It was at Kosovo in 1389 that Serb met Turk in decisive battle with an aftermath lasting 500 years … and a legacy that haunts the Balkans even today.
A tomb sits on the Plain of the Blackbirds, near where the rivulet known as the Lab flows into the Sitnica River. The Serbs call this region Kosovo Polje. It was the heart of the Serbian Empire for most of the Middle Ages, a valley of 4,200 square miles surrounded by hills, with Mount Kopaonik to the north and snow-capped Mount Shar to the south. Today, it lies within the borders of a truncated and strife-torn Yugoslavia, where Albania, Herzegovina and Macedonia meet.
The quiet tomb on this empty plain is a monument made of brick. Thick portals of chocolate-colored wood guard the entry, and the building sports a domed roof, above which is a crescent, symbol of the Muslim Turks who surged out of Anatolia and westward toward Europe in the 14th century. In this mausoleum lie the partial remains of Murad I, the Ottoman Sultan who, in 1389, defeated a Serbian-led Slavic Union intent on defending its homes and way of life against the invaders from the east. Murad died at Kosovo in 1389, but not before destroying Serbian independence for the next 500 years.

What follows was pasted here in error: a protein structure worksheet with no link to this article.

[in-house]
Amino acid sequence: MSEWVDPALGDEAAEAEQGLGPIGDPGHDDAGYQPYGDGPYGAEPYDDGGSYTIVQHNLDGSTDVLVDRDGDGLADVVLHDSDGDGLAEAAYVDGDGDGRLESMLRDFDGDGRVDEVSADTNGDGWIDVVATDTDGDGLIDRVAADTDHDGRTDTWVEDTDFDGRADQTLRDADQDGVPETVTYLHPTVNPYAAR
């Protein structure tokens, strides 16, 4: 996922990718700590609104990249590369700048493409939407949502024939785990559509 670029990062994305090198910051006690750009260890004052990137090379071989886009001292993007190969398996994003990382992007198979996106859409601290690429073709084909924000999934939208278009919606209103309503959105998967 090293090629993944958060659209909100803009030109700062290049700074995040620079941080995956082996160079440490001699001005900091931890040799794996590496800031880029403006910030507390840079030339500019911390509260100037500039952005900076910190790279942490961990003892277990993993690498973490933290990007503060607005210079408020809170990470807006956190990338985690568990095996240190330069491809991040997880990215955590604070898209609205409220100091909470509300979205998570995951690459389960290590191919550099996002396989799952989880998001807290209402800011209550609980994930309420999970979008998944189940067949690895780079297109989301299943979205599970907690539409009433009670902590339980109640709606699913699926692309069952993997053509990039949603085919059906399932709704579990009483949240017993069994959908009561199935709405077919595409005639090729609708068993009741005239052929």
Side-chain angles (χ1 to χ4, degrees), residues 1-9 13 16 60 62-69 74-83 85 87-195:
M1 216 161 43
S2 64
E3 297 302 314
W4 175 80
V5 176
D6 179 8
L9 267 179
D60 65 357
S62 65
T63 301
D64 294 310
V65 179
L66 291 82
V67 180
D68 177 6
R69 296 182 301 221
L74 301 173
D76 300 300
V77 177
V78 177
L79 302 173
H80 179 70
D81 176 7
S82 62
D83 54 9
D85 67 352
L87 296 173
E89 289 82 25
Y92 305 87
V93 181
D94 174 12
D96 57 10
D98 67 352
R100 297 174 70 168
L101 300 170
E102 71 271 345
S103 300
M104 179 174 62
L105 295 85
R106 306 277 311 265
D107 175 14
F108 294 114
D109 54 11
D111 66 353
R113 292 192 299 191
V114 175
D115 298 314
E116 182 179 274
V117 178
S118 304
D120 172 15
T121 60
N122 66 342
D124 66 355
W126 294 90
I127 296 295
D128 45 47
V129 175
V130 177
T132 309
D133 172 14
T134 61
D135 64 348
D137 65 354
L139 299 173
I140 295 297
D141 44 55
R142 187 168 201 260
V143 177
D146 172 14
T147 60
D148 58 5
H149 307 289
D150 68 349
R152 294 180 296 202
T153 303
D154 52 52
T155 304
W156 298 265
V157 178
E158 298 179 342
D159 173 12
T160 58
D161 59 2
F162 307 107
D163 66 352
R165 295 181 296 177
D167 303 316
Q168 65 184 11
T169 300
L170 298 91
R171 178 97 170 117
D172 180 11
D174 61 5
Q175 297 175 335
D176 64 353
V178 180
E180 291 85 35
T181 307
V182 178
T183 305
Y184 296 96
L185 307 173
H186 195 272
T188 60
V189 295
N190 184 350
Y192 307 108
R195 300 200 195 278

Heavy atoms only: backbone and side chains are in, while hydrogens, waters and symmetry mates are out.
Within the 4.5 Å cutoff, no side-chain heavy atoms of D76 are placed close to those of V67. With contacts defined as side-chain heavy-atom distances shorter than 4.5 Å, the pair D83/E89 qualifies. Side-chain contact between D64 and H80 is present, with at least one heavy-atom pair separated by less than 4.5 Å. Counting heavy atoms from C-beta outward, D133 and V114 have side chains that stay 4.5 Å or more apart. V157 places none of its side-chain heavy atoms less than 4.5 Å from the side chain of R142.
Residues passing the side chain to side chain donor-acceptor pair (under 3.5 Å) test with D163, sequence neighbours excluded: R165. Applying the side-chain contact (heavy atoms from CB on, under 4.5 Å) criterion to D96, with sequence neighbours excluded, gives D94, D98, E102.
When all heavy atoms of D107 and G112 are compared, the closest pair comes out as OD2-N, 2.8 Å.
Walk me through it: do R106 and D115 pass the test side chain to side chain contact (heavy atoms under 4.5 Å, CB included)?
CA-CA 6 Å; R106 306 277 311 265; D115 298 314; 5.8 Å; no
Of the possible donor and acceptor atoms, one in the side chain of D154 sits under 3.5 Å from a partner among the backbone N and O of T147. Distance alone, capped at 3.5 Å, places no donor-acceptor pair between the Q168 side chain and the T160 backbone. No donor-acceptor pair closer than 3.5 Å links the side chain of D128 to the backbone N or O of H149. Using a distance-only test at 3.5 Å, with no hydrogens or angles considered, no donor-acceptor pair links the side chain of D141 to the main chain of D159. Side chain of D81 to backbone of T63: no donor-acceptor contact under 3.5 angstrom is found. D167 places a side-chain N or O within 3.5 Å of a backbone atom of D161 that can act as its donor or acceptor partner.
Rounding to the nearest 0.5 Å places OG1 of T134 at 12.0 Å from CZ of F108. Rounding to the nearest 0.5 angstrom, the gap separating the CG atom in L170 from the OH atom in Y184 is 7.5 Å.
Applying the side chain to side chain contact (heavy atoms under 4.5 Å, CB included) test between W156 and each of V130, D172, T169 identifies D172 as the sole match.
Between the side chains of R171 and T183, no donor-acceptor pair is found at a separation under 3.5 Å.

In the early morning hours of St. Vitus Day — June 15, 1389, according to the old calendar in use at that time, June 28 in the current one — the Serbian army prepared for battle. The Serbs were camped along the right bank of the Lab, terrain well suited to heavy cavalry and large infantry formations. The Serbian left wing was led by Vojvoda (Duke) Vlatko Vukovic, who had been sent by King Tvrtko I of Bosnia. The right was commanded by Dimitrije Vojonovic, a Serbian noble. Prince Lazar Hrebeljanovic, knez (king) of the Serbs, was in command of the center. His reserve force of infantry was led by Vuk Brankovic, the husband of his eldest daughter, Mara.
Assembled in the area of Nig and Kumanovo were the forces of Murad I. The Ottomans were flushed with pride and fresh from a succession of small victories in neighboring Bulgaria, where they had crushed Prince Sisman and extended their exploding empire as far as the banks of the Danube. Sisman, who had sought to save his throne and perhaps regain the ancient glory of his country, was now Murad’s vassal. The Turks seemed to be unstoppable.
Led by skilled veterans and imbued with a sense of righteousness, these descendants of a tiny band of nomadic tribesmen were poised to knife into the Balkans and inflict a bleeding wound that would fester for centuries. Their leader Murad, 70 years old, had led his warring nation for 30 years, tackling enemies in Asia Minor, penetrating Europe and establishing Adrianople as his capital. A recent defeat at the hands of the Bosnians had not given him pause in his quest for territory, staves and new citizens to tax. It had only served to whet his appetite for vengeance and conquest.